Rapid upsizing on the Far East-Europe trade has shaped the boxship deployment landscape in recent years, and with around half of the current orderbook accounted for by the largest vessel sizes, it looks set to continue in the near future at least. So, how has deployment of increasingly large containerships changed on the Far East-Europe trade in recent years?

Big Trade, Big Ships
Throughout the modern era of container shipping, there has been continued and significant upsizing of the boxship fleet. Since the end of 1997, the average capacity of a boxship in the global fleet has increased from 1,622 TEU to reach 4,653 TEU by the start of December 2017, with the largest examples currently on order weighing in at 22,000 TEU. The Far East-Europe trade, one of the key trade lanes in container shipping, is where the majority of new and larger capacity is initially deployed. As the fleet has upsized, the Far East-Europe trade has seen dramatic changes in deployment trends.


Repeating Cycles
Dating back to the early 2000s, deployment of 8#11,999 TEU boxships on the Far East-Europe trade peaked in early 2013, accounting for nearly half of capacity deployed on the trade at that time, before declining to 11% of deployed capacity by December 2017. Meanwhile, rapid growth in the deployment of vessels sized 12-14,999 TEU was seen on the Far East-Europe trade from start 2011 to mid-2014 before also peaking, at just over 50% of deployed capacity.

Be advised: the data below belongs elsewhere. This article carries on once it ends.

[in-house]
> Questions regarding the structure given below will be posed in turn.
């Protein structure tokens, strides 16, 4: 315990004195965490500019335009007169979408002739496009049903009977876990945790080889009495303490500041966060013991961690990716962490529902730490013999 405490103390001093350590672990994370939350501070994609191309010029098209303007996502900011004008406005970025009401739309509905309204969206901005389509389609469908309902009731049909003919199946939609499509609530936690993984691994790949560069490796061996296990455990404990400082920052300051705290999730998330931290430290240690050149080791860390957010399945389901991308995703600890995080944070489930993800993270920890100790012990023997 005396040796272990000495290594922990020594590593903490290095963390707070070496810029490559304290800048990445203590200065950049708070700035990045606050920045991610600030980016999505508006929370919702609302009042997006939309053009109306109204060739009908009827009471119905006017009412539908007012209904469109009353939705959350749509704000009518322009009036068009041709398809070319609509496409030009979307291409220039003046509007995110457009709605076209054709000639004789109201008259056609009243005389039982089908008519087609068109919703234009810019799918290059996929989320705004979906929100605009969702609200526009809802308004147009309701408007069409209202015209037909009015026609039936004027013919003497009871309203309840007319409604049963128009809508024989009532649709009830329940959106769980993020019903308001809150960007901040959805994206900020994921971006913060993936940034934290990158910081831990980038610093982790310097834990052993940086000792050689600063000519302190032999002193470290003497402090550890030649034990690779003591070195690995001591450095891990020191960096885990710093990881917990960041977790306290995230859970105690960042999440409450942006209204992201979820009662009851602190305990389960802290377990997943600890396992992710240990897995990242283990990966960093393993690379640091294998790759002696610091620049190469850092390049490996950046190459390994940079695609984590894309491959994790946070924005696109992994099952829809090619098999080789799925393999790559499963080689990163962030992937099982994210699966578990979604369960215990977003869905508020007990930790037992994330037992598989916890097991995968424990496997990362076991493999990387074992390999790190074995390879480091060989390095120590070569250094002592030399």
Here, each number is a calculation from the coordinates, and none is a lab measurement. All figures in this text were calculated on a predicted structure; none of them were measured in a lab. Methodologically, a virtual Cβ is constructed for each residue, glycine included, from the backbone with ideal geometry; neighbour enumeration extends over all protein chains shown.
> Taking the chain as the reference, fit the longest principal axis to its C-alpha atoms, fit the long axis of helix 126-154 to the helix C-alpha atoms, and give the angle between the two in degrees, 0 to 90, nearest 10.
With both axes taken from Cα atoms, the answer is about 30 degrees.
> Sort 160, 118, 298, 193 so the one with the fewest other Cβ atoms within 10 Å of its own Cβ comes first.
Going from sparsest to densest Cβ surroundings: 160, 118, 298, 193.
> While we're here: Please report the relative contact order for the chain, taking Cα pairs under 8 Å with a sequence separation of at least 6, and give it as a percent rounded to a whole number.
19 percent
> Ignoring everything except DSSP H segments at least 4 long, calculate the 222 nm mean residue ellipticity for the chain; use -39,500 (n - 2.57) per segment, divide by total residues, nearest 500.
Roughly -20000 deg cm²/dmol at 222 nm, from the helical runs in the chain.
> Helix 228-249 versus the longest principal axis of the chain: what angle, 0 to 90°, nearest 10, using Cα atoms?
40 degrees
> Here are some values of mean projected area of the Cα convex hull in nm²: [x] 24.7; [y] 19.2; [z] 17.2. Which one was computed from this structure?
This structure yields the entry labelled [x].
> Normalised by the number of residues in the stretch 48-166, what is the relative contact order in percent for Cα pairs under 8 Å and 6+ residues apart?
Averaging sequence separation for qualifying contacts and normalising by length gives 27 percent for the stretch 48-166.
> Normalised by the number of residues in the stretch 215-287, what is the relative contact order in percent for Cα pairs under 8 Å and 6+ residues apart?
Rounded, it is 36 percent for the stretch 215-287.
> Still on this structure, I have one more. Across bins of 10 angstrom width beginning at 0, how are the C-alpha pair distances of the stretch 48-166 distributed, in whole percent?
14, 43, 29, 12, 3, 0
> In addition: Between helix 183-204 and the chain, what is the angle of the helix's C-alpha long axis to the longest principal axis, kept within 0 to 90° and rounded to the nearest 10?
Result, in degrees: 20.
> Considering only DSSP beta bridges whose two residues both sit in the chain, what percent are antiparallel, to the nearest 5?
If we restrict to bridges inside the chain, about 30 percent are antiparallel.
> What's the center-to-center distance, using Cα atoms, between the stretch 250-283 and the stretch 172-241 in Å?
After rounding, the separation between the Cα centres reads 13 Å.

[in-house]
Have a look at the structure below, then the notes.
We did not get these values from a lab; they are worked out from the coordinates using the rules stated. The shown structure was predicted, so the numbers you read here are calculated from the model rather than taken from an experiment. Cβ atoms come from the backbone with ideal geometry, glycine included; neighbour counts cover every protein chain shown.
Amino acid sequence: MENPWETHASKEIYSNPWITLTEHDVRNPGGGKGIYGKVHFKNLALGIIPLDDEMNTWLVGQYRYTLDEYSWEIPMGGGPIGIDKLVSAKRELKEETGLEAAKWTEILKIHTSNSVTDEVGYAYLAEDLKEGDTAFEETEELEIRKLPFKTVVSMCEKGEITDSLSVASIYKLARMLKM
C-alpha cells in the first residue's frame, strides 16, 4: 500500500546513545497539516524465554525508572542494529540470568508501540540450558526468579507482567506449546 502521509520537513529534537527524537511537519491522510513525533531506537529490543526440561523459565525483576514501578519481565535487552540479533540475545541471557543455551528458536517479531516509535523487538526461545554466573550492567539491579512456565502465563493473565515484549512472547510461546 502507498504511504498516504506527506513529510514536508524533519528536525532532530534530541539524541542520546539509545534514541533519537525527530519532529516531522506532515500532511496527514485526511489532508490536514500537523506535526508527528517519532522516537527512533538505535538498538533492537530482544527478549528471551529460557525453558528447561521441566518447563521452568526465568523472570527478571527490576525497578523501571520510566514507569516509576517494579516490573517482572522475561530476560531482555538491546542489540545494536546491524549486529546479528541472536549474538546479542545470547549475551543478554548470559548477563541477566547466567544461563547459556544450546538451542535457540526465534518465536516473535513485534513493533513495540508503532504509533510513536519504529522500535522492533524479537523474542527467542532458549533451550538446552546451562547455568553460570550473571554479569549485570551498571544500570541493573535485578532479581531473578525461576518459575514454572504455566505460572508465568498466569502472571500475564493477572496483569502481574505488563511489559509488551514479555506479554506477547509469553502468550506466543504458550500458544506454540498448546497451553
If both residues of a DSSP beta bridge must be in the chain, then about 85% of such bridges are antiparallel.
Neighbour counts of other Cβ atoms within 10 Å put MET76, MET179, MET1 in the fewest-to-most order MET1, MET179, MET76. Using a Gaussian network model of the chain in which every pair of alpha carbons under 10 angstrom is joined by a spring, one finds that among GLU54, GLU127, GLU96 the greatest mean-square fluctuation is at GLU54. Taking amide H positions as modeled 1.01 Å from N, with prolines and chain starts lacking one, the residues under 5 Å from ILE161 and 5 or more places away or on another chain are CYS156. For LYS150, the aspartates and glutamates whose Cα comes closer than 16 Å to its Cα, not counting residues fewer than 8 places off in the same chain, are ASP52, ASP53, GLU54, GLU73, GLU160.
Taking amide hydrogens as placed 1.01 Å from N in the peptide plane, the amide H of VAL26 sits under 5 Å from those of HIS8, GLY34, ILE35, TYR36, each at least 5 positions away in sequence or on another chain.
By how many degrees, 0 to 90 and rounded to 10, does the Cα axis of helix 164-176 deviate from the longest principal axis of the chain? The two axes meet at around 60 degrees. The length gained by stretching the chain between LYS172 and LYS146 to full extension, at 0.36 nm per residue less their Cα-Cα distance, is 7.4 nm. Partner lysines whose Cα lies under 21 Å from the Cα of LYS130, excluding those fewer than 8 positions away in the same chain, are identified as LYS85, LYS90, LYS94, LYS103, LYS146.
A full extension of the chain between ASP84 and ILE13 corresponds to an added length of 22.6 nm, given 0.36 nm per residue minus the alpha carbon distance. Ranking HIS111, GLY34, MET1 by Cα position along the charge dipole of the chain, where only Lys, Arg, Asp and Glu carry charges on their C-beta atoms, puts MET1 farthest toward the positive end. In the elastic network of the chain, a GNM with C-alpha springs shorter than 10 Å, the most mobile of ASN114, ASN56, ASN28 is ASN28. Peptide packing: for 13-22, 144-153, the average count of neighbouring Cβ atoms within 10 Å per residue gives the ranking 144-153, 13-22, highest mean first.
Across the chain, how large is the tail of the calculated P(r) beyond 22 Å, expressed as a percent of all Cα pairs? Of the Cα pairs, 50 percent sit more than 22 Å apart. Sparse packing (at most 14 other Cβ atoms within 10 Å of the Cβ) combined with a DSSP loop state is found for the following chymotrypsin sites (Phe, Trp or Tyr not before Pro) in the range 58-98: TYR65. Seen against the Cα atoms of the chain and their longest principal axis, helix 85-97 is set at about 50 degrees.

Since the start of 2017, the proportion of capacity deployed on the Far East-Europe trade accounted for by containerships of 12-14,999 TEU has begun to fall, and stood at 45% at start December 2017. Meanwhile, the proportion of Far East-Europe capacity accounted for by the new generation of large vessels sized over 15,000 TEU has been expanding rapidly, from around 5% in January 2013, to over 40% by start December 2017.

Untapped Potential?
Looking ahead, there is debate surrounding the scope for further upsizing on the Far East#Europe trade. Against a backdrop of 1.4m TEU of containership capacity on order in the 15,000+ TEU sector, there are a number of factors which might support this potential upsizing. Firstly, there remain around fifty 8#11,999 TEU vessels yet to be cascaded off the Far East-Europe trade. Secondly, whilst Far East-Europe services to Northern Europe have seen upsizing to a greater extent than dedicated Far East-Mediterranean services, 40% of this capacity remains accounted for by vessels of under 15,000 TEU. Finally, a limited number of operators have deployed vessels of 15,000+ TEU on dedicated Mediterranean services, although this is so far limited to only a handful of ships.

Keep On Climbing
So, there is no doubt that significant upsizing has been a key feature of containership deployment on the Far East-Europe trade up until now. However, even though the potential for further deployment of the largest vessel sizes on the trade appears to exist, only time will tell to what extent this will actually come into fruition.

Source: Hellenic Shipping News.